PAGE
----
Not far from Ghent is the small city of Geel, Belgium. Tradition holds that the father of Saint Dymphna, the patron saint of madness, beheaded his daughter in Geel, while in the grips of his own madness. A 700 year old tradition of mental health care, ‘gezinsverpleging,’ literally ‘family nursing,’ continues in Geel to this day. For seven centuries madmen and madwomen in Geel have been placed with families, given a room and board, and employment in a system of care which draws people from around the world in order for it to be studied. When speaking with people from Belgium inside and outside the Too Mad to be True conference, they expressed pride in this ancient tradition integrating people with mental illness into the community. Such a successful tradition of integrative care brings another meaningful connection to the cultural setting of the Too Mad to be True conference; a culture with a tradition that has worked for centuries to integrate madness and mad people, breaking down polarities of madness and sanity, loss and value is an ideal setting for an event in a similar spirit.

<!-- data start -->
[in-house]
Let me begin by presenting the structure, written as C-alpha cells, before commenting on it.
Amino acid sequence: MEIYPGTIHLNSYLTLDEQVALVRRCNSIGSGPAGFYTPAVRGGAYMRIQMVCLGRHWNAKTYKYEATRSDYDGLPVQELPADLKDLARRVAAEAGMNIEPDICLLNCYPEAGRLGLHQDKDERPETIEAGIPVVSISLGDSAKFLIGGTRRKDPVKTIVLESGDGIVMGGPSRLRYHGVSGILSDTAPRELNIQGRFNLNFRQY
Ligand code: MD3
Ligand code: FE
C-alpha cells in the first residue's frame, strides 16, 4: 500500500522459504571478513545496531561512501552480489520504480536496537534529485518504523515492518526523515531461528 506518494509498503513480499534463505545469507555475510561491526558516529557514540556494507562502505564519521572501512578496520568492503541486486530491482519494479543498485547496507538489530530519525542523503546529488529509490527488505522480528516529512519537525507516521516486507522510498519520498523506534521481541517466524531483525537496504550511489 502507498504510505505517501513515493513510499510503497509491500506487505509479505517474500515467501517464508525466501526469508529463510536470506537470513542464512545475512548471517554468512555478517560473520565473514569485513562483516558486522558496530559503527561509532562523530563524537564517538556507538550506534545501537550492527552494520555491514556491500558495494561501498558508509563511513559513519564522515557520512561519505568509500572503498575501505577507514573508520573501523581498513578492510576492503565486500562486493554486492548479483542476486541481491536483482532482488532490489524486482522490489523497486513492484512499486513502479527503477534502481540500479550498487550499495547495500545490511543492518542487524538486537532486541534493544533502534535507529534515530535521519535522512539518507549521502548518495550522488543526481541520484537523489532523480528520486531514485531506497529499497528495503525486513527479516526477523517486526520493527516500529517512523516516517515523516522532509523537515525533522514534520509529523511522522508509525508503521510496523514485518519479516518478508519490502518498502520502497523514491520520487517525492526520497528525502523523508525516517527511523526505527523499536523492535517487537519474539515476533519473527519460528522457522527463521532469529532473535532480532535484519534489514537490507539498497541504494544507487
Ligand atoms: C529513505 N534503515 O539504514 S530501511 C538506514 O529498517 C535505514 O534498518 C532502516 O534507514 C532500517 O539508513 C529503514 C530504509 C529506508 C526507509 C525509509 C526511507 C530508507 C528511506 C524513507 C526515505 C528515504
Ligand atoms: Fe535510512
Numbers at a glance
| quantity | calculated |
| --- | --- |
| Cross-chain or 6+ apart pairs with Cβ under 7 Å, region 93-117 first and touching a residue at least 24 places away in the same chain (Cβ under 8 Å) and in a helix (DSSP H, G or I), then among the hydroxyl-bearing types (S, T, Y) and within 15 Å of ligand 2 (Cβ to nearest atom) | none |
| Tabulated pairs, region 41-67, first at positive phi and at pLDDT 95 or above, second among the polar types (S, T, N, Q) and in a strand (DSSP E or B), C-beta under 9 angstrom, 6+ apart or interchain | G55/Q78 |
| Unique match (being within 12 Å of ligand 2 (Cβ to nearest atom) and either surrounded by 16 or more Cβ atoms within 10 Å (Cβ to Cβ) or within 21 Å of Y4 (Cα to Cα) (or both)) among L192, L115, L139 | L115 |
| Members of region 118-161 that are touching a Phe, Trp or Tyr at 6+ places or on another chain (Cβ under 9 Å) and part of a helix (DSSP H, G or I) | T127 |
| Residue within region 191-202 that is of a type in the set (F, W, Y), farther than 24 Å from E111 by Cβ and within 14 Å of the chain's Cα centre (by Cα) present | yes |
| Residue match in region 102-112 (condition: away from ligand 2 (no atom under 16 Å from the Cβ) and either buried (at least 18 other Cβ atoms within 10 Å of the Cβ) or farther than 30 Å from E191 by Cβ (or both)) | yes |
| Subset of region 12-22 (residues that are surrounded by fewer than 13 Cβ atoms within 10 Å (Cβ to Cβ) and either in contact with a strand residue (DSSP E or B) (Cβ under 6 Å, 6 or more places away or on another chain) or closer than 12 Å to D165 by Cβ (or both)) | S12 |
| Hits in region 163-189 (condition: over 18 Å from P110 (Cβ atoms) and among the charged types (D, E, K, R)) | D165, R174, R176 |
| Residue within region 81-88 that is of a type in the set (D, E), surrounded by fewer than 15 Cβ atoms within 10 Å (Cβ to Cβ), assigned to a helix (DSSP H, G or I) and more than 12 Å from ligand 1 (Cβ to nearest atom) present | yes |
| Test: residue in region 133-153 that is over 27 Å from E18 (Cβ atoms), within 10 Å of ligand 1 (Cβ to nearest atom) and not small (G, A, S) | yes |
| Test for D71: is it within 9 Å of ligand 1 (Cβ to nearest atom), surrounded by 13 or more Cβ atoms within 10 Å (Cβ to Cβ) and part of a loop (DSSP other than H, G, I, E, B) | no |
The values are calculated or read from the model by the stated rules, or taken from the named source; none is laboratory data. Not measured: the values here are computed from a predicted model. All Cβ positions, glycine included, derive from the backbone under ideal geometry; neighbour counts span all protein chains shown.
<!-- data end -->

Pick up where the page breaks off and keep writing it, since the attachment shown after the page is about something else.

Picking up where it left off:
An example that comes to mind is the keynote presentation from religious studies scholar Richard Saville-Smith, whose book Acute Religious Experiences: Madness, Psychosis and Religious Studies (Bloomsbury) was published just two months prior to the conference. A self-identified madman, Saville-Smith, clad in a suit jacket printed with brightly colored pills, very much looked the part. He took to the stage in an address which was both comical and tragic, teetering on the edge of madness, in a manner reminiscent of the puzzling wisdom proffered by a Shakespearan fool. It was a talk that I will not soon forget, and one that less daring conference organizers would not have had the gumption to program.
Feyaerts and Kusters have successfully organized and executed a happening which extends the spirit of Geel into the realm of academia, bringing together both the eumanic and dysmanic, Mad studies practitioner, and philosopher of psychiatry, for a meaningful exchange regarding madness and mental illness. One might even say they were mad for setting out to do such a thing - and that wouldn’t necessarily be a bad thing.
A full list of the presenters with abstracts of their presentations, plus video from the keynotes and some of the parallel sessions are available from the conference website: https://www.psychiatrieenfilosofie.nl/too-mad-to-be-true-ii